In 2008, the U.S. National Archives published The Mauthausen Concentration Camp Complex: World War II and Postwar Records, researched and written by archivist Amy Schmidt and intern Gudrun Loehrer; it's essentially a guide to all the records on Mauthausen held at the U.S. National Archives at College Park, Maryland.
Browsing through the guide, I was startled to learn the following (p. 51):Items cited as enclosures but missing from the Taylor Report
A 1943 “protocol” signed by Mauthausen Commandant Ziereis and Georg Bachmayer converting a police wagon into a mobile gas chamber.The American Lt. Jack Taylor was an officer in the Office of Strategic Services who was held prisoner at Mauthausen for little more than a month before it was liberated by his countrymen in May 1945. Taylor had been captured by the Germans working with partisans after he'd been parachuted-in behind enemy lines, and was therefore treated as a political prisoner opposed to a typical prison of war. Following liberation Taylor turned his skills to compiling evidence of German atrocities at the Mauthausen-Gusen concentration camps and sub-camps; more about Taylor's report can be read on the NARA guide linked above by searching for his name.
A protocol signed by a camp commandant and one of his senior men about converting an old police van into a homicidal gas chamber on wheels would certainly be of use to orthodox historians, so it is indeed unfortunate for them that it went missing. Assuming of course that the document was not an embarrassingly crude forgery, which it almost certainly was; it can easily be shown that there were some truly absurd claims being made by War Crimes investigators at Mauthausen about gas vans.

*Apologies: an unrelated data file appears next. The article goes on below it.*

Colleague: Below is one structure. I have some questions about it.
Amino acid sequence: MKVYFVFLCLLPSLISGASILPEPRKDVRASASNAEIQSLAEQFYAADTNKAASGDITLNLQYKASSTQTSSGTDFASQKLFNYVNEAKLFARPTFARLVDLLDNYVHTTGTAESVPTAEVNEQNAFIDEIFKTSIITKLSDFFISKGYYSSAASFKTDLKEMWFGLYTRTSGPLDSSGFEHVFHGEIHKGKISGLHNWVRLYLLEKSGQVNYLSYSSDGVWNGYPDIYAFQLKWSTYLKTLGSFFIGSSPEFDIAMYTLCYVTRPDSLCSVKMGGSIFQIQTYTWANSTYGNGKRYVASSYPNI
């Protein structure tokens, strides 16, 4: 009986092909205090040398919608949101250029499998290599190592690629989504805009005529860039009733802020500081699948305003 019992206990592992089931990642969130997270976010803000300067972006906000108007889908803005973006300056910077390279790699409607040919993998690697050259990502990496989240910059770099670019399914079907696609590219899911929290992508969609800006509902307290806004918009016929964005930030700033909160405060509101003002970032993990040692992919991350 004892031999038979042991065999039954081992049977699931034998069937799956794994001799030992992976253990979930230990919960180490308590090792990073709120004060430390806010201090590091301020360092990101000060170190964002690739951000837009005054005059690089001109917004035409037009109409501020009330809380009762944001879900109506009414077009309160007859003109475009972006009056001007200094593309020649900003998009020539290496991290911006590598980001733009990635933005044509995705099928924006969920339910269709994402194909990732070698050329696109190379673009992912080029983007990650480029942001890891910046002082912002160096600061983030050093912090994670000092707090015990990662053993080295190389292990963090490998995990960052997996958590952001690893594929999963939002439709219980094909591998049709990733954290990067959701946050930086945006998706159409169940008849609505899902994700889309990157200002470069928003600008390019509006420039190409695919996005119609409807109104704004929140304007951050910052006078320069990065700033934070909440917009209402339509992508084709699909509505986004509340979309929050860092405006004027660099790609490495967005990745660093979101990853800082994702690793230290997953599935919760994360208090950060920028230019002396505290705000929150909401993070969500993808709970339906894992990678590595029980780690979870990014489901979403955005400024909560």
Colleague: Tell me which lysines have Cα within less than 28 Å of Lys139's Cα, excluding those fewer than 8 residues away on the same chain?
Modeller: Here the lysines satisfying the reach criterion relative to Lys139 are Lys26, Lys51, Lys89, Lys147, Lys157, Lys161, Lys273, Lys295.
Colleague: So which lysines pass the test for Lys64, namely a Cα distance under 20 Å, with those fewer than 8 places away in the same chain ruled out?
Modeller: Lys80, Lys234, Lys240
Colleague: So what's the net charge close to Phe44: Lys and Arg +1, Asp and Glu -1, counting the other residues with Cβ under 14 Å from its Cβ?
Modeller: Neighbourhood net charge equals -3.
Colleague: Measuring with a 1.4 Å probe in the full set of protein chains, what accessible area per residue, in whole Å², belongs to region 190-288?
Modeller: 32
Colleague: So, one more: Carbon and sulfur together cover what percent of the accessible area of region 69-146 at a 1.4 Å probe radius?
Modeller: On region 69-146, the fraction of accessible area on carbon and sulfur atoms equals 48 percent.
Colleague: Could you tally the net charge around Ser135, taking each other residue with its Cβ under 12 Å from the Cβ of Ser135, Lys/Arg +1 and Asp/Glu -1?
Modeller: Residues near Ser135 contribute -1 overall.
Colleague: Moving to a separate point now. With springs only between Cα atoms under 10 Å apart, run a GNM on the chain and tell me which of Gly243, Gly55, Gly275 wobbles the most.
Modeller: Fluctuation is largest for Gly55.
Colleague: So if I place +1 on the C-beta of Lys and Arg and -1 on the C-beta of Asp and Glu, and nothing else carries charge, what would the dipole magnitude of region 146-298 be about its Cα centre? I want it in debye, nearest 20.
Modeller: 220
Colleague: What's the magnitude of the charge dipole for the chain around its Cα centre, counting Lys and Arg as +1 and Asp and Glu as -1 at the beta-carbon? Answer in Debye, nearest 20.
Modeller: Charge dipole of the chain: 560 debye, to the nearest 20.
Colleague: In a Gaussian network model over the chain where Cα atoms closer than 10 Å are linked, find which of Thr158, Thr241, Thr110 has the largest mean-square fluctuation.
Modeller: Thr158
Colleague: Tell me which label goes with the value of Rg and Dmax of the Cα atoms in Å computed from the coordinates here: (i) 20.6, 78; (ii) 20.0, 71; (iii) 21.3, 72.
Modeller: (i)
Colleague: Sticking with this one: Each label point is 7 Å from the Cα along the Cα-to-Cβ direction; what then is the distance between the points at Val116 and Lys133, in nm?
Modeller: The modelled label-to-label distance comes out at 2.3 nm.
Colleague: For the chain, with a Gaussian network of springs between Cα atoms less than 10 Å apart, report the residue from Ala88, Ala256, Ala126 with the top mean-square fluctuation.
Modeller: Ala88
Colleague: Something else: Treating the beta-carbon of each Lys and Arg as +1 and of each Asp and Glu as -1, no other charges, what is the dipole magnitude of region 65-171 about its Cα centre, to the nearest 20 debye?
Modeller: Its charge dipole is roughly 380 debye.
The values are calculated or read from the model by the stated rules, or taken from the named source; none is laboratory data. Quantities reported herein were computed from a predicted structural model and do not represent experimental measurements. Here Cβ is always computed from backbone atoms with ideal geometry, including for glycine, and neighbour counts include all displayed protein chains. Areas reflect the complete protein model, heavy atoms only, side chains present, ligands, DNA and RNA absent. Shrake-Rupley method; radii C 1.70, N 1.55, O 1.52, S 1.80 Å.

The following is an excerpt from Nuremberg documents PS-499, a report on the killing of inmates at Mauthausen concentration camp which declared that a gas van operated at Mauthausen in which Zyklon B was the deadly agent used to kill its passengers. No promoter of the claim that the Nazis operated homicidal gas vans today insists that anything other than the exhaust fumes of the vans' engines were used to kill the victims. This excerpt of PS-499 was also quoted (NMT:5, p.1137f) by American judge Michael A. Musmanno in his Concurring Opinion on the judgment of the 4th Nuremberg Military Tribunal, the "Pohl Trial":